A trio of scientists from the University of Maine and Brown University suggested that, given climate change, physical environments – not plant communities – provided the best basis for identifying land to conserve. They noted that the plant communities that emerged since the last ice age still haven't stabilized; change is the norm and this would become even more pronounced amid an era of global warming.

Instead, the team argued, the focus should be on conserving physical settings and corridors connecting them. That approach will embrace the communities you're interested in conserving.

The approach recognizes that changes to climate alone don't determine where plants, insects, and ultimately animals will migrate, if they can. Soil types, topography, underlying bedrock types, and latitude exert the most significant influence on a landscape's potential to host a rich mix of species.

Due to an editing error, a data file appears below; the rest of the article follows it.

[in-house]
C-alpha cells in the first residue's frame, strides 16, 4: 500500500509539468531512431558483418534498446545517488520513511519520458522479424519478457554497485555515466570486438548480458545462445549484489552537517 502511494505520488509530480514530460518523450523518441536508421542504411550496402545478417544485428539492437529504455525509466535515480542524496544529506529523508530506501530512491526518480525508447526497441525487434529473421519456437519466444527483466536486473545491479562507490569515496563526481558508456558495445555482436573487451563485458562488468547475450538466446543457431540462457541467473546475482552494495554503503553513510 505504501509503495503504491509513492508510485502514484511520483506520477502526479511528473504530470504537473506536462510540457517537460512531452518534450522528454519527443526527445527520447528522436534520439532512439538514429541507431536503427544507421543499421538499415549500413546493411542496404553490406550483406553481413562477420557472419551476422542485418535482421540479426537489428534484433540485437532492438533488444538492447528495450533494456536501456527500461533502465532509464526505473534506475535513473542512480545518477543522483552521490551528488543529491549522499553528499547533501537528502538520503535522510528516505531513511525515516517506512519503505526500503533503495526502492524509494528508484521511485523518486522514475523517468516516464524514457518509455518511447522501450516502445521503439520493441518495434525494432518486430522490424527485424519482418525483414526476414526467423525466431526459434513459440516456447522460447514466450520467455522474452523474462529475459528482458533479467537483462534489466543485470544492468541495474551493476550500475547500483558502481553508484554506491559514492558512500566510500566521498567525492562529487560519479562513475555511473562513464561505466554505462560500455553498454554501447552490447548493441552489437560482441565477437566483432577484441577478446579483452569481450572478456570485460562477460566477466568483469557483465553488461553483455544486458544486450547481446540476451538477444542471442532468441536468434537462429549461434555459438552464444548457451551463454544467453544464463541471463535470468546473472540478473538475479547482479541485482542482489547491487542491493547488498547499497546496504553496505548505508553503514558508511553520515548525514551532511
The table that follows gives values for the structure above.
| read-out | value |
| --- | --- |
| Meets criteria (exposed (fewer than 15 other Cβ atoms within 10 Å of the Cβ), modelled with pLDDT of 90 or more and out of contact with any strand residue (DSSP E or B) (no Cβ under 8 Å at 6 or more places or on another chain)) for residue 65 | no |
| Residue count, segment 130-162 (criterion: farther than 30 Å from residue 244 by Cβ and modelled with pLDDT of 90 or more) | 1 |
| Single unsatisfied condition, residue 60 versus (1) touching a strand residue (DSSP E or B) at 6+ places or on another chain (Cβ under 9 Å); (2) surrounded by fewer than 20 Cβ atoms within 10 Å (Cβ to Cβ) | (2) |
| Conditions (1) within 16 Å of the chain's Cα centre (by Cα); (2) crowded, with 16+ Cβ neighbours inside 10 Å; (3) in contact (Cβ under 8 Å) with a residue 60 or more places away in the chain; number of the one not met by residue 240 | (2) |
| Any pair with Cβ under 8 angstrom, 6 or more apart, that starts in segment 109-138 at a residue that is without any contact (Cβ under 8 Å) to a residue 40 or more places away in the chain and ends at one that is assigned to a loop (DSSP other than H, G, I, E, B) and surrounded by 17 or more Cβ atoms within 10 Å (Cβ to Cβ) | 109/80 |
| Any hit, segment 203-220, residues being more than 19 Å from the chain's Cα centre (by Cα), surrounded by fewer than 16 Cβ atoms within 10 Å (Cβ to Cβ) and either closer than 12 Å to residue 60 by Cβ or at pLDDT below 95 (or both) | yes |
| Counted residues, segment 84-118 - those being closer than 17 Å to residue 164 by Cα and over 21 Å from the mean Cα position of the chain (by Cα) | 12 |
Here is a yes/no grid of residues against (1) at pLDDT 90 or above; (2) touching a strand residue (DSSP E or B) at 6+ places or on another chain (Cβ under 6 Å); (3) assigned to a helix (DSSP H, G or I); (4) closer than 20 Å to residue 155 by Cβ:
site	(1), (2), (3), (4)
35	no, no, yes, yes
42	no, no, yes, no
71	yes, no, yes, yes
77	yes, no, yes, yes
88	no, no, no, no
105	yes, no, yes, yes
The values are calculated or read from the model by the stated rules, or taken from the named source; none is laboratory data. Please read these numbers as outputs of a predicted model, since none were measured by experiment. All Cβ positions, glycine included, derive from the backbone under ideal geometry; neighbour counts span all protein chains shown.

In western Massachusetts, the journey up the steep slope reveals the relationship between biological diversity and landforms. The basswood and ash trees, for example, prefer the accumulated soils and nutrients found at the hill's base. Higher up slope, these and other trees give way to mountain maple and oak, which eventually yield to pitch pine. The pitch pine can survive in the shallow, dry soils at the summit.

Later in the day, along a dirt road that tracks Sanderson Brook, Finton points to patches of stinging nettle and explains that the plant is found in flood plains, but not on the hill's slopes.

Climate still plays an important role on a range of scales – from the regional down to individual mountainsides. Diverse settings can set up their own microclimates, which can provide refuges for plants threatened by regional climate change.

The new approach offers hope for helping existing species cope with climate change, up to a point.